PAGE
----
You’ll be aware that the Olympic games are happening right as you read this. People are running and jumping and hitting each other, and more, both for other people’s entertainment and the sake of being the best at these things on the world stage. Everyone is watching the activities and it’s quite an enjoyable time. While we’re doing that, it seems as good a chance at any to reconsider what “success” is. We’re all keen to see gold medals hanging around the necks of some New Zealanders, and no doubt the national mood will lift if our flag is hoisted above those of other nations a few times. We all also realise of course that true success in life goes beyond getting a gold medal and a short-term boost in national pride; but we’re not necessarily sure how.
What does our culture, or the majority emphasis thereof, consider success to be? Who, real or merely ideal, is our collective model? I think for most of us the perfect model person is first and foremost ‘in control’ – they’re running the show, and any others in the picture are joining in for the ride. The person to be is smart and sassy, popular and powerful in one way or another. They’re sexually active (it almost goes without saying), and they’re happy – and the two are probably linked! Successful Sam or Sally is certainly not judgmental or religious in any serious way, and if they care about politics they’re probably a fan of having a larger state where the government looks after everyone well; but the details of that will depend on their friendship circles. They drive a decent car, or they have enough income to live the good life anyway. Ideally they’ll own their own property and enjoy travelling, and they’re obviously young and full of potential.
Yet, though it may sound unthinkable, there are other models of success! This week amidst the excitement of the Olympics and the busyness of term time is “Jesus Week” at Auckland Uni, presented by various Christian clubs on campus. We think that Jesus offers what the world most desperately needs, and also serves as a shockingly different model of success and human well-being. Jesus was not wealthy or particularly mobile – the most impressive means of transport he was ever likely to have made use of was riding through the dusty roads of Palestine on a donkey. For a time he was popular, when people thought he wanted to achieve their political goals for them, but this ended soon enough. He is a leader of leaders, to whom thousands of kings and presidents have sworn allegiance, but the way he demonstrated leadership was to use his own hands in washing the crap and other muck from the road off the feet of his followers. He died a criminal’s death, hanging naked on a Roman cross after having been mocked and flogged. Jesus didn’t fight back when arrested and taken to trial, and he didn’t lead a political revolution – give the Emperor what he deserves and give God what He deserves, was Jesus’ challenge to us.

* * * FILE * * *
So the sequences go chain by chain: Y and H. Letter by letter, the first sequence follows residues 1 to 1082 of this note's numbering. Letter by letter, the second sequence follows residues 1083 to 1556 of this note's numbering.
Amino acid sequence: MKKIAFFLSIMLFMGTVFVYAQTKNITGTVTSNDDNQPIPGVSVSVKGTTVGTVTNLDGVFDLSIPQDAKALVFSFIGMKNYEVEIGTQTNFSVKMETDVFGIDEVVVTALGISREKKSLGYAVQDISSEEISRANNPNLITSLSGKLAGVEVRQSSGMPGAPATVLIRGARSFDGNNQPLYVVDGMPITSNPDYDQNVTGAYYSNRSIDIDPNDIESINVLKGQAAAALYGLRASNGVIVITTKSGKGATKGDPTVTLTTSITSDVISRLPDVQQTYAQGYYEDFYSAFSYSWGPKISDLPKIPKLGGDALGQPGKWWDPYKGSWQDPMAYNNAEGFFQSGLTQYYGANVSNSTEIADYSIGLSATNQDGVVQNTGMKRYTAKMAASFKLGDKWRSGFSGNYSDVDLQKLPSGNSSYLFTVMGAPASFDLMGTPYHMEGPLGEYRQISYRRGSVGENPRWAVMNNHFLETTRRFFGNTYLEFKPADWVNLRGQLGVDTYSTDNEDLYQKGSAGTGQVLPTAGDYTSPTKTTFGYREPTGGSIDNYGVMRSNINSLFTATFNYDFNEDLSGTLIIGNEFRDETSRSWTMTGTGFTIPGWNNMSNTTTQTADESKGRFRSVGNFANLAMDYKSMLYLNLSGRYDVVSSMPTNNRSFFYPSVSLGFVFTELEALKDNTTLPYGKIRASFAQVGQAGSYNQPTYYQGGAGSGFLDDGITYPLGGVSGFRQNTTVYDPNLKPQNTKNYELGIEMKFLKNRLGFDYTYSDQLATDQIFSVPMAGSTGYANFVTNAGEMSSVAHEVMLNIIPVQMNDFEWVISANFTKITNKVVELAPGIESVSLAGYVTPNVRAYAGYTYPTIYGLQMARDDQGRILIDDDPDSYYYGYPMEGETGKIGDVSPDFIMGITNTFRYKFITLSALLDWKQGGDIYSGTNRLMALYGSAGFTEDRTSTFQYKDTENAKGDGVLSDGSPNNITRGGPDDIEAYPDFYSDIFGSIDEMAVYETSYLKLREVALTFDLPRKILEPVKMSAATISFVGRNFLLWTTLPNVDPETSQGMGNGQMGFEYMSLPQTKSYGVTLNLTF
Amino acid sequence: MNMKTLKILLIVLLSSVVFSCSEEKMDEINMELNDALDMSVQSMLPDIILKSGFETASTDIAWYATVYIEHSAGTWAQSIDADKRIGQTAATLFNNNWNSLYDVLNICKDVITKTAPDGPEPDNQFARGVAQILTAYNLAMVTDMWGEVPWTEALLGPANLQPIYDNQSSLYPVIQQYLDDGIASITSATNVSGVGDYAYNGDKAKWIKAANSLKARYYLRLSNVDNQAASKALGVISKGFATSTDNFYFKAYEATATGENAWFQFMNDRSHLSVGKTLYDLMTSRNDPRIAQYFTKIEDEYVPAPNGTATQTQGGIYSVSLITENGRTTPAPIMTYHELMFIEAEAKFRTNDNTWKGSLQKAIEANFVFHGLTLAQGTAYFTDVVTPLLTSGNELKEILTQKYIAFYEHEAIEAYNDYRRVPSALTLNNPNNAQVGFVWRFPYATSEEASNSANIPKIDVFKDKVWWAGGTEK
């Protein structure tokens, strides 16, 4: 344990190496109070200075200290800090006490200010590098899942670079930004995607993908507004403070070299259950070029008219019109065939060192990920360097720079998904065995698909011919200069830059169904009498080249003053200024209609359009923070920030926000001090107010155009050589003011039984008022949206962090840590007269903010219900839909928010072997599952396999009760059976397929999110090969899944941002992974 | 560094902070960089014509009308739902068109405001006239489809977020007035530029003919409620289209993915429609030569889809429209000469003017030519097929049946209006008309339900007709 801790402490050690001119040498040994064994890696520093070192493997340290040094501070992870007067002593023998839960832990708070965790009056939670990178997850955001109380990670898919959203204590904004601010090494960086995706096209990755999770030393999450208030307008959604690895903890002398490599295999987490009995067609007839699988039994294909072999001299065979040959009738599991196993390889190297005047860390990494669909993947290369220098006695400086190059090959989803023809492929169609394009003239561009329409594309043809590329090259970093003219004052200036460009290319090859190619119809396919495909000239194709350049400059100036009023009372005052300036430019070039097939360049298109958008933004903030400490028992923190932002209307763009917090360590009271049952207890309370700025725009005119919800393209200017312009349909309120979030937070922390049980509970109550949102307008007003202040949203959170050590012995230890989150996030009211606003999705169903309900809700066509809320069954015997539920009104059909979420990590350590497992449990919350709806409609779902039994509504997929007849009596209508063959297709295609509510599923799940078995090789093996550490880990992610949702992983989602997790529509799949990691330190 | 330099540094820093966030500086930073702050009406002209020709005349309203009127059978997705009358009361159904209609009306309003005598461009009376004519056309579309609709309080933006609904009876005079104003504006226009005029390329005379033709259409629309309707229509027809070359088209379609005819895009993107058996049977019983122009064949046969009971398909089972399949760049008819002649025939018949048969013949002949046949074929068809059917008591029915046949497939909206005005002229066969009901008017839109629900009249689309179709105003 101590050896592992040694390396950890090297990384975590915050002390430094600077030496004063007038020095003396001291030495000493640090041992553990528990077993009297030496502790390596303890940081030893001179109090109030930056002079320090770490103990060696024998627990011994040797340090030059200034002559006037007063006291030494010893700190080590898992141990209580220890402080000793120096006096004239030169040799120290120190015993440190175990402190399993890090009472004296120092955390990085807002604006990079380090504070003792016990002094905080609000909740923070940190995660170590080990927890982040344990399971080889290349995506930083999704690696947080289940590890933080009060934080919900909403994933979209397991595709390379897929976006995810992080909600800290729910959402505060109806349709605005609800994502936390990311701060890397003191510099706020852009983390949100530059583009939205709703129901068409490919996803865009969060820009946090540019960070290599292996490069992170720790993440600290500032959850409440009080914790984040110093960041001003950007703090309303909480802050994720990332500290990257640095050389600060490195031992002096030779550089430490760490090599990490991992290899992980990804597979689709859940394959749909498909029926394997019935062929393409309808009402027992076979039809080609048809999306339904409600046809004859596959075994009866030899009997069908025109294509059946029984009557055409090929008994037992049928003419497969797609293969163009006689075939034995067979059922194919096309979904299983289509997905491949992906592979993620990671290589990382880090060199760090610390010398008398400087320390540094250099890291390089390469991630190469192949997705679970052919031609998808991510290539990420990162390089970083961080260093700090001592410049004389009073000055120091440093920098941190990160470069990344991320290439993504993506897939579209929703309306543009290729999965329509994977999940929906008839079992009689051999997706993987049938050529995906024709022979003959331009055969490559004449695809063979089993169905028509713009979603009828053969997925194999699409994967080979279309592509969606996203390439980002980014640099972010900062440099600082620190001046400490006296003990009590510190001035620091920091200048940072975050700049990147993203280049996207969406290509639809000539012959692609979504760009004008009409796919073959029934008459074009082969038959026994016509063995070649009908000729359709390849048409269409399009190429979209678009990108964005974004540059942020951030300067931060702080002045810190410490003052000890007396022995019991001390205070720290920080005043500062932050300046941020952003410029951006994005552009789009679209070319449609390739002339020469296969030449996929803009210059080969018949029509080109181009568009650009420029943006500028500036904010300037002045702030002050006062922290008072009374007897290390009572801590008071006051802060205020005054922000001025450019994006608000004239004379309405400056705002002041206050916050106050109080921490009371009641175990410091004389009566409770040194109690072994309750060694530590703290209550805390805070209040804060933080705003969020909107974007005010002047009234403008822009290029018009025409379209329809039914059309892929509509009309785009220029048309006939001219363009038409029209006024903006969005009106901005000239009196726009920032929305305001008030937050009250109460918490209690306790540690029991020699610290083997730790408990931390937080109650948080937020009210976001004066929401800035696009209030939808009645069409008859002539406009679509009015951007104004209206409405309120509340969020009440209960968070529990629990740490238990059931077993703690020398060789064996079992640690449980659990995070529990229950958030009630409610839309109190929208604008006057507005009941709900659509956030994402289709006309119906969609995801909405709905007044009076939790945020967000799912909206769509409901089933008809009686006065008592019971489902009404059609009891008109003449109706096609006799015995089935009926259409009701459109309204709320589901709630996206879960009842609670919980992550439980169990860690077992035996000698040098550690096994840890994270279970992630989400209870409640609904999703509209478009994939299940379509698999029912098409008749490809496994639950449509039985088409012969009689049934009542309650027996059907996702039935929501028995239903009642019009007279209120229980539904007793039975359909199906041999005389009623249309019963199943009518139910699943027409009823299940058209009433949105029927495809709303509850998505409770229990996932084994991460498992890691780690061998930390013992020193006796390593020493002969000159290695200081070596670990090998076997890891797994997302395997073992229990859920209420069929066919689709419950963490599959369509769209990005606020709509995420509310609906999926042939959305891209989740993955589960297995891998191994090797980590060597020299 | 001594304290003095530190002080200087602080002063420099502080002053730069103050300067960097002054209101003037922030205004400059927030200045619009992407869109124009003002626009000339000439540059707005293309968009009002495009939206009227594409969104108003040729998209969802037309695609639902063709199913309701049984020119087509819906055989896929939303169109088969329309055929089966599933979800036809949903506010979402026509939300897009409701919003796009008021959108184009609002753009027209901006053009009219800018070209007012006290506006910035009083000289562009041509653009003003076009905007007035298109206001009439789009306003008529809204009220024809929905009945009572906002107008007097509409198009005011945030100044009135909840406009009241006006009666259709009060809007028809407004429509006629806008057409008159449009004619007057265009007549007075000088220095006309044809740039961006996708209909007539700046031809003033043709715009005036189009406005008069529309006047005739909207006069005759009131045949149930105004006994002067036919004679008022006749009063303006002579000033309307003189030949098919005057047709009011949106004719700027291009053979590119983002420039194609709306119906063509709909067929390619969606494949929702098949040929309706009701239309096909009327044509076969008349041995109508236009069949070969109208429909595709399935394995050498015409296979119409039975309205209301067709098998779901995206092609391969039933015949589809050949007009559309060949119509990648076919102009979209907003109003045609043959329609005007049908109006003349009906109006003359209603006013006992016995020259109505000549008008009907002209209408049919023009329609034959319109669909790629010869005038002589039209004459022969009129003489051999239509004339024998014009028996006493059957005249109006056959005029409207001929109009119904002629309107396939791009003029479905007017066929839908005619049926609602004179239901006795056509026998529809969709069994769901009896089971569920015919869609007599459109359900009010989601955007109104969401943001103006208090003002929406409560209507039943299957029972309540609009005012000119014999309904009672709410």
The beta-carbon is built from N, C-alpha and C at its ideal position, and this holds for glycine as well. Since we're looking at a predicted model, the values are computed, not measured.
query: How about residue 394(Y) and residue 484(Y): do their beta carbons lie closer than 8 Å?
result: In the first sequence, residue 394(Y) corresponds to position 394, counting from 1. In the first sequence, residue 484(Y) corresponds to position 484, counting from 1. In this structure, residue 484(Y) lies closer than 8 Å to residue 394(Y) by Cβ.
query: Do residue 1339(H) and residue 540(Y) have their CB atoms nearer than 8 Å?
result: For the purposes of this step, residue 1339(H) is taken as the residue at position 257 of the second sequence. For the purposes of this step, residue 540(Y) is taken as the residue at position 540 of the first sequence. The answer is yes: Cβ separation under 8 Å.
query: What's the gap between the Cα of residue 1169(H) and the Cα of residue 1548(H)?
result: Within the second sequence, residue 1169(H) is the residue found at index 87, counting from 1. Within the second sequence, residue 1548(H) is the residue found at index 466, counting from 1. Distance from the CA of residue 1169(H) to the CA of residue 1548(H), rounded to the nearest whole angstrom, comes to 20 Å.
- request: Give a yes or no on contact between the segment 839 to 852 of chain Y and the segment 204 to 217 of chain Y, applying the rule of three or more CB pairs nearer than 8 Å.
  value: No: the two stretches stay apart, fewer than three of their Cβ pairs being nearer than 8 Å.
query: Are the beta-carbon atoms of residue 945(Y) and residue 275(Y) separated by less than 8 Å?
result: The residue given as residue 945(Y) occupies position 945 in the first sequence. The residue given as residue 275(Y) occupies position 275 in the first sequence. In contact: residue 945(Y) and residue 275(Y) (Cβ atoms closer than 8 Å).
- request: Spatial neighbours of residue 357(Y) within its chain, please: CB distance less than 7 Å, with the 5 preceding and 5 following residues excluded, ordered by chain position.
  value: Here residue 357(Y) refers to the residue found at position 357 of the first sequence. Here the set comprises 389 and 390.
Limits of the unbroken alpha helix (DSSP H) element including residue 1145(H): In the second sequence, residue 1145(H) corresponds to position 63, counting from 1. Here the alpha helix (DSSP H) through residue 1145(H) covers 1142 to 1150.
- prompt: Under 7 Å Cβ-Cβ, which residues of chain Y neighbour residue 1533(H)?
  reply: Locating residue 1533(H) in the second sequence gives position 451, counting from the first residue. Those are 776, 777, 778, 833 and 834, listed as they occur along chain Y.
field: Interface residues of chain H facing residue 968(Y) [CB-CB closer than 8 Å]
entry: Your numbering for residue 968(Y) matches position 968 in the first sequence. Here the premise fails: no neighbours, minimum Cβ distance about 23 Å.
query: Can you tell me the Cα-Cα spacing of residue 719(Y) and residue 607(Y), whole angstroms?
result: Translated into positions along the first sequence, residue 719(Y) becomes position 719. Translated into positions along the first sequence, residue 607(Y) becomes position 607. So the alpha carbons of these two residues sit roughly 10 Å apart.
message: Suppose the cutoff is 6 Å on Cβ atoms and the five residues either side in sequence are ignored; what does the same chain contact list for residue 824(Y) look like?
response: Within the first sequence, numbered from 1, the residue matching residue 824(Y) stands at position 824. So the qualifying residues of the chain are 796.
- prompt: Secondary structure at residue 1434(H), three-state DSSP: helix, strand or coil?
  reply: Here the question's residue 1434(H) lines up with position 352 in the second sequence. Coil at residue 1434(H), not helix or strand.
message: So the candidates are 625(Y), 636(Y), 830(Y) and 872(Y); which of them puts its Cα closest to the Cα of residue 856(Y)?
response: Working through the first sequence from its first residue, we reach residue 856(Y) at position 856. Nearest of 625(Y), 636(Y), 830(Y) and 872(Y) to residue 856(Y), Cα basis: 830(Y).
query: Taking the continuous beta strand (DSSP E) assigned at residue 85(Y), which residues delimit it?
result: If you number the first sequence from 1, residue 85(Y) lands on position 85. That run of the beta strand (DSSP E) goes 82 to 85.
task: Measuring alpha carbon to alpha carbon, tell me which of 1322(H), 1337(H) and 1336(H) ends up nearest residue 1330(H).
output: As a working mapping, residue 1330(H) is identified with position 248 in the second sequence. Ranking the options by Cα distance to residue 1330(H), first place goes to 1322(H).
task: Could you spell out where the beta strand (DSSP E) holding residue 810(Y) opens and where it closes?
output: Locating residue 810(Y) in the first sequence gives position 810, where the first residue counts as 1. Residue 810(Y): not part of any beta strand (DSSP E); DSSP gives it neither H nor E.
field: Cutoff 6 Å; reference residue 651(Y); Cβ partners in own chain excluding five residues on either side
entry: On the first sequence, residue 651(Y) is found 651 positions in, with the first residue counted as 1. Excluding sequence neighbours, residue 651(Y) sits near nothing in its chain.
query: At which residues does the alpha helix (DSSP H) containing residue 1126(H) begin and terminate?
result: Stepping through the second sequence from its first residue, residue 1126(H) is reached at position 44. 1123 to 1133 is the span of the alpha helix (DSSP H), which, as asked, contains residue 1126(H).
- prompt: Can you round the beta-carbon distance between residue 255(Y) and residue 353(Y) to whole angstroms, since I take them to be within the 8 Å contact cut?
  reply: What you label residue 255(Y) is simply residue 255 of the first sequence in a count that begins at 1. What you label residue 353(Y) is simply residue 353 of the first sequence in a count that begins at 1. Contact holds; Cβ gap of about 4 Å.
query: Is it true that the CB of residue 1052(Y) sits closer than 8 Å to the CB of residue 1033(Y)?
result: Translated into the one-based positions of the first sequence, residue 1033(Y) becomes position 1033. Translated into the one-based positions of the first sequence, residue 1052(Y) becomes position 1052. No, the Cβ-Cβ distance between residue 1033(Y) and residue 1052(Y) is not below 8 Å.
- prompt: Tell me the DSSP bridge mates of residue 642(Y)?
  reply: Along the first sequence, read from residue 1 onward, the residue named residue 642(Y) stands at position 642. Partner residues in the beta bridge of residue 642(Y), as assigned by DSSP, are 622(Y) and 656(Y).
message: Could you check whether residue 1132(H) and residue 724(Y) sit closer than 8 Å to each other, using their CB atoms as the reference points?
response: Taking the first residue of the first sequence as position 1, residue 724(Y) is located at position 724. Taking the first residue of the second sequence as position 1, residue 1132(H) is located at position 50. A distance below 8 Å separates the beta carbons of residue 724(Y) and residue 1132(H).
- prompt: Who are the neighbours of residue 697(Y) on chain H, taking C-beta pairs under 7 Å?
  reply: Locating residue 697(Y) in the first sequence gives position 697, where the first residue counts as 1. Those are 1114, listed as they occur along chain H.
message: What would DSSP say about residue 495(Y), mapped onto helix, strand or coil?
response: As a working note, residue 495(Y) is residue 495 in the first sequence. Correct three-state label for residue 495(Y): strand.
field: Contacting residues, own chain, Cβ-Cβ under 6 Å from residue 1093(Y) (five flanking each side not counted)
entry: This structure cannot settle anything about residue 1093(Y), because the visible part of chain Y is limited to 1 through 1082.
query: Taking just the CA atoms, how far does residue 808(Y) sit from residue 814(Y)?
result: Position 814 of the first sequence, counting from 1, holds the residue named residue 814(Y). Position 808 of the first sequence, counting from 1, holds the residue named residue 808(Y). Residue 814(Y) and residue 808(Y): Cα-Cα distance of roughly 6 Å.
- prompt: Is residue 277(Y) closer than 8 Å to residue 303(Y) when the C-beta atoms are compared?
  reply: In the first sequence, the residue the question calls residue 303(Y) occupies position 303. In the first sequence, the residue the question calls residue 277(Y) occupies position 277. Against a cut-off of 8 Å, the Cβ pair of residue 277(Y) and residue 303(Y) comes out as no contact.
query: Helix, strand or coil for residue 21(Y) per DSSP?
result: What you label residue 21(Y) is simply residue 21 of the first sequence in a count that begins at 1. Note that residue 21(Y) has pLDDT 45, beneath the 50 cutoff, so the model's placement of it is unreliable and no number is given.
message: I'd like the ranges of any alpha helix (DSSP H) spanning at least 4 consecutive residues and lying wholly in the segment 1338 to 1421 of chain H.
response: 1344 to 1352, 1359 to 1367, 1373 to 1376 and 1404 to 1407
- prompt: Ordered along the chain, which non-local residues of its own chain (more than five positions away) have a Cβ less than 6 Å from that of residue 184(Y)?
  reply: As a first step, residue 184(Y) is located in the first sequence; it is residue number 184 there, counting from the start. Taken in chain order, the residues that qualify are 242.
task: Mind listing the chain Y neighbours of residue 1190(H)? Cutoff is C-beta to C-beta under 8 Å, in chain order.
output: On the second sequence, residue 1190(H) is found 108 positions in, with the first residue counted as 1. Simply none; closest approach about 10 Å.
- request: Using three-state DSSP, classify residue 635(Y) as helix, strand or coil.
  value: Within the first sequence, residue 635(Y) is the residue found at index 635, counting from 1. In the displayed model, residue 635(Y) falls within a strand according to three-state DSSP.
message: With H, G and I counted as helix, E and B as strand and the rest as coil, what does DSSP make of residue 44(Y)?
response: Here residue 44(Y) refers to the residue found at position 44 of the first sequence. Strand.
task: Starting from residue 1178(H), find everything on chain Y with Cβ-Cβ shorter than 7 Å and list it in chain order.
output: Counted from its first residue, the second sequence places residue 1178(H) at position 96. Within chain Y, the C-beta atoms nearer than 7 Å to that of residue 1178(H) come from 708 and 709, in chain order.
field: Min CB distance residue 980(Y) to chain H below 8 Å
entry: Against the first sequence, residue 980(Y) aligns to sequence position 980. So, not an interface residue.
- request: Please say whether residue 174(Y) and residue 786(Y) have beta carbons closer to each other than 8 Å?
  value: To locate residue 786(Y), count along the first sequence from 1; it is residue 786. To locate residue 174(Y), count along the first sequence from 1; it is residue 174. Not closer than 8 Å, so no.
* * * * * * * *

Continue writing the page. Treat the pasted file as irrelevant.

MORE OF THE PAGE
In light of this, Christians on campus believe that we have something to offer the university this week. We don’t do so out of arrogance or because we think we’re better than anyone else, but because we believe the claims Jesus made about himself are true, and that he continues to turn lives upside down to this day. Nick Willis, carrier of the NZ flag at the London 2012 Olympics, discovered this simple truth while on a running scholarship a few years ago: “Jesus showed me how we can live life to the fullest.” He recounts that people “started encouraging me to consider what I thought about Jesus, how my life could change if He were a part of it. At the time, I didn’t really know the answers to these questions, but I was very curious to find out.” This week, why not look out for the flyers and posters for our events, and pick one to come along to? Whatever your own beliefs, interact with the claims placed before the campus this week by your fellow students – I and many others have put them to the test and believe they are both intellectually credible and existentially satisfying. Investigate this Jesus, and re-think success with us.
For the first event of the week, come and hear Chris Clarke, CEO of World Vision, sharing his thoughts on how to change the world. Monday 6th August, 5pm. Look out for our posters & flyers for more event details. [blog-editor’s note – it’s in Shadows!]
Evangelical Union president